Can Cryan halt Deutsche Bank's decline?

Peter Lee
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Deutsche Bank has come to the end of an era. The question is whether or not it is approaching the end of its empire as well? Respected across the industry for his intelligence and integrity, John Cryan needs plenty of both to restructure Deutsche. It succeeded for years in building too large a version of exactly the wrong sort of investment bank for today’s markets. A bank that once had a clear identity in global finance is struggling to present a vision of what it will be in the future.


John Cryan, Deutsche Bank’s co-chief executive, may have the toughest job in banking today. He has to restructure a very large and complicated bank with no cash cow division providing a cushion of steady earnings and generating capital to fall back on. 

Making the job even tougher, the investment bank that his predecessors built and that still dominates the group is exactly the wrong sort of investment bank for today’s heavily regulated markets. This is the business on which, over the 20 years leading up to the financial crisis, Deutsche grew from a fading European commercial bank into a global giant. The still unfolding regulatory response to the financial crisis has set out to crush precisely the Deutsche Bank model of investment banking. 

One former senior Deutsche executive says: "Everything was built with a derivatives mind-set: retain ultimate flexibility, offer your private and business clients bespoke solutions, not realizing that you would soon need an army of compliance and operations staff to stick with that model."

Cryan’s predecessor Anshu Jain, who he replaced nine months ago, gambled that as others got out, Deutsche Bank could both grow market share and benefit from fatter margins. He resisted voices on his own board urging him to cut back until he was forced out.

Cryan cannot pare back as far in investment banking as others have, notably UBS, because that is the bank’s core business. But he has to build a new model of an investment bank.

Many of Deutsche’s rivals have already slimmed investment banking down and relied on other businesses to cushion the cost of disposing of redundant staff and redundant risk-weighted assets. At UBS the business is wealth management; UK retail banking and credit cards at Barclays; retail at BNP Paribas; global transaction banking at Citi. Deutsche’s base is more troublesome.

"In Deutsche Bank’s case, its core business is investment banking, which represents 50% of equity, 75% of leverage assets and 50% of profits," points out James Chappell, analyst at Berenberg. "However, investment banking is in structural decline." 

The panic about Deutsche Bank last month that saw its stock price collapse, its AT1 bonds fall to 70% of face value, its CDS spreads widen to crisis-era highs and its senior bonds trade at a discount, is a distraction, albeit a painful one.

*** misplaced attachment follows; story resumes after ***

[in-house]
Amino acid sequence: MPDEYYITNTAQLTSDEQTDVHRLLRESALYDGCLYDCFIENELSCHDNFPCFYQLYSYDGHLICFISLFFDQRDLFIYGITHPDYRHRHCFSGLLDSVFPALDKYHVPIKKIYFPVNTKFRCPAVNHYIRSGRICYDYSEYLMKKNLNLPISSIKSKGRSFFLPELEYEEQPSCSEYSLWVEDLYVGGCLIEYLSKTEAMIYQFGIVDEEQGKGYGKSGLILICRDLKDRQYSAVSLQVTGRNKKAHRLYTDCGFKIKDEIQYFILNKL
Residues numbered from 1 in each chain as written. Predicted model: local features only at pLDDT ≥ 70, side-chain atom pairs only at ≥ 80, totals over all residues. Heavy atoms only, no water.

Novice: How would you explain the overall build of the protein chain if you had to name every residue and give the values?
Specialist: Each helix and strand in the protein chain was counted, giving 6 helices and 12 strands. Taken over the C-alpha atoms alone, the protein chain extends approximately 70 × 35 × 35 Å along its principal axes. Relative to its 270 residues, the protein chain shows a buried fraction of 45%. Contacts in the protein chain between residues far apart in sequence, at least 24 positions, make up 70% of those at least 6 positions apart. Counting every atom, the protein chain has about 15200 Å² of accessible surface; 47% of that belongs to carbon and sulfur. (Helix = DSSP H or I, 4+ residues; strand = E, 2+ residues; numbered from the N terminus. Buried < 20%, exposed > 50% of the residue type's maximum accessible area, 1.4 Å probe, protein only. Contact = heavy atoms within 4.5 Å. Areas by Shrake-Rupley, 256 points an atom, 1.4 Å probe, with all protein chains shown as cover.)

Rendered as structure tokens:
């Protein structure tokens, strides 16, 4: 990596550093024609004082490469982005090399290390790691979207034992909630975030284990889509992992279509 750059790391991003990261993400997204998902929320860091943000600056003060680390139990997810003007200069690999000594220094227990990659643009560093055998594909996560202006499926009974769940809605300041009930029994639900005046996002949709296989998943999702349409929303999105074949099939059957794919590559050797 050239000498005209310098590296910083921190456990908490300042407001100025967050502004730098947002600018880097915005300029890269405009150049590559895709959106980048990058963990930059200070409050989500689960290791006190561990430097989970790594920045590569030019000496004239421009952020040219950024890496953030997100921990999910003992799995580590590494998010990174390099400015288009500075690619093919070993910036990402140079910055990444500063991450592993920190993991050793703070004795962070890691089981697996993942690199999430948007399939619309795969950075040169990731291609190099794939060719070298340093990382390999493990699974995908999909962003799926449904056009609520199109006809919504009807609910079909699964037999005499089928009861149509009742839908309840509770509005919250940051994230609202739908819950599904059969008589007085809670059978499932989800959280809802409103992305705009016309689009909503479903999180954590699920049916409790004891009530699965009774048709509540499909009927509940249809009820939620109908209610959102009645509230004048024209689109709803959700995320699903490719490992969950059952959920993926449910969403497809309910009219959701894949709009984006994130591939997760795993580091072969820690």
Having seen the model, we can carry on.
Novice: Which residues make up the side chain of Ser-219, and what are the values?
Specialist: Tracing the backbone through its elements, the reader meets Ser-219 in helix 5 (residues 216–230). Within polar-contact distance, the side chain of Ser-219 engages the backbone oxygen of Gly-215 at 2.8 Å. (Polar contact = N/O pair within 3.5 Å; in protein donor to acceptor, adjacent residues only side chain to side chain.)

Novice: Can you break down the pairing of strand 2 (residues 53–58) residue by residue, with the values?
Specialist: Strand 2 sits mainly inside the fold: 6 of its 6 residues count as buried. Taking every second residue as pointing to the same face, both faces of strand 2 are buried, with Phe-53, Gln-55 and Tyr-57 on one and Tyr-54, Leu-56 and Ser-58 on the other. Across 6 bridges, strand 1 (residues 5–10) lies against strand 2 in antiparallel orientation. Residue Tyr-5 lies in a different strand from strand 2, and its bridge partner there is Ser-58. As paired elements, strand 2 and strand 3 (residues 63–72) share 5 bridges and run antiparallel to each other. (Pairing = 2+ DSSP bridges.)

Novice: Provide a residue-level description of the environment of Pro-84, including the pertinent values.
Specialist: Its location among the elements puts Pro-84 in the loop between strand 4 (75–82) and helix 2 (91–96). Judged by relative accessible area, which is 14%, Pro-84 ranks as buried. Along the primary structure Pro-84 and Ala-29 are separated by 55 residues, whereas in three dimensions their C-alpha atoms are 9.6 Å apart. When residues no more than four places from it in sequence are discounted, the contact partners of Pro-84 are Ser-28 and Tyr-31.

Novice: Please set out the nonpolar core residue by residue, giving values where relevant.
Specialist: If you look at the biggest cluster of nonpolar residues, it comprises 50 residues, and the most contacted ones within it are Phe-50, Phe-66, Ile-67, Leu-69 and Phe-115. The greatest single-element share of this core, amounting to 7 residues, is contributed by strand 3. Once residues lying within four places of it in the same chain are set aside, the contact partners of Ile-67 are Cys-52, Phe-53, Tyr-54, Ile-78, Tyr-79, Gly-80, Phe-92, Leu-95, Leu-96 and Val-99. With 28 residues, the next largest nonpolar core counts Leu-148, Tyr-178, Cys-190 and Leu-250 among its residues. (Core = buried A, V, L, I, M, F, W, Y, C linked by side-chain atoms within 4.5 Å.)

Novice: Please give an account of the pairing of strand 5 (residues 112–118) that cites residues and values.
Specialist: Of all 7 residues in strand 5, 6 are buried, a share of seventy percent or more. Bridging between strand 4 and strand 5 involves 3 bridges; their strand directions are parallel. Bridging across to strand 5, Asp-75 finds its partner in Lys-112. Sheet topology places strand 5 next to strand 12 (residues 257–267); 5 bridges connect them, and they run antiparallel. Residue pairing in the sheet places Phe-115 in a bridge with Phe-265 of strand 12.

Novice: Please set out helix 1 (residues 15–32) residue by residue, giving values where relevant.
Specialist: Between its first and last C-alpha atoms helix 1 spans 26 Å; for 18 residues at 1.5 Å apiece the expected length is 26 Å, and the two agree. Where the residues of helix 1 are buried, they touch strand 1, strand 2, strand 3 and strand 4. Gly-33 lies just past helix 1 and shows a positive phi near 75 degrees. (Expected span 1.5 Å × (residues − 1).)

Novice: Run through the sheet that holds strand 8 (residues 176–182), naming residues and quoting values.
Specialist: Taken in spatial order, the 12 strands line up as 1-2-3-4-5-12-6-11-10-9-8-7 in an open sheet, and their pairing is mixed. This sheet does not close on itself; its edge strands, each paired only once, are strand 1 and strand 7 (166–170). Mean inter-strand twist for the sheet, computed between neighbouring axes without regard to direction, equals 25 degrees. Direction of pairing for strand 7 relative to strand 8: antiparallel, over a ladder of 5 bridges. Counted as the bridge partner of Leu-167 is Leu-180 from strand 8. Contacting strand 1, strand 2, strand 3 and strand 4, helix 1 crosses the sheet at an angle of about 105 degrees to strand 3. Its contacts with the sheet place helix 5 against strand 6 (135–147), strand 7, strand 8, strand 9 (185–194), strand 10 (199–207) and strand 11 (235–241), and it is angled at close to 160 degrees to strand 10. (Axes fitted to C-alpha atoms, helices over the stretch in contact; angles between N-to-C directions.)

Deutsche is not going to miss its AT1 coupons, nor is it going to breach its AT1 capital triggers any time soon. It could buy back its entire stock of outstanding senior debt out of liquid reserves if it chose to.


Its short-term prospects are fine: it is the medium- and long-term outlook that investors should be worrying about. And the most worrying aspect of Deutsche’s results announcement at the end of January was the severe drop-off in underlying investment banking revenues in the last two quarters. At a time when it needs its core business to produce profit and generate the capital buffer to shrink its balance sheet, the trajectory suggests that revenues might fall faster than costs, producing not profits but losses that eat into capital.

Here is where Deutsche’s biggest problem lies. Not only is Deutsche the last big bank to begin restructuring its investment bank; not only is the type of investment bank it had built – a leader in many trading segments and a top six or seven capital markets firm – the wrong type for today’s regulation; it is not clear what Deutsche Bank should aim to be. The only thing that is clear is that cannot continue as it is. 


Jain and his team had built the plain-vanilla flow-monster capability in rates and foreign exchange that might yet sustain it in future, but at its heart Deutsche Bank was a derivatives-focused, principal trading firm: a hedge fund in essence, which also had many other US and UK hedge funds as its core institutional client base.


A senior executive at the firm tells Euromoney: "If a real-money client came to Deutsche Bank wanting to sell a block of shares, the typical Deutsche response would be to bid for those shares as principal, take them on balance sheet, hedge them, manage the delta and work the position out over a long period. It’s the derivatives and principal trading mentality, aiming for a big pay-off. Its instinct would not be to cross that block against countervailing customer orders and take a quick and easy agency commission. But that is what market businesses today are all about."

Cryan has to do more than carefully dismantle the bank’s old investment bank without torching its balance sheet. That is hard enough. But he also has to build a new core business for Deutsche on modest foundations, with limited capital, while long-ignored IT problems mount in the back office and the threat of big fines for past misdoings is ever-present.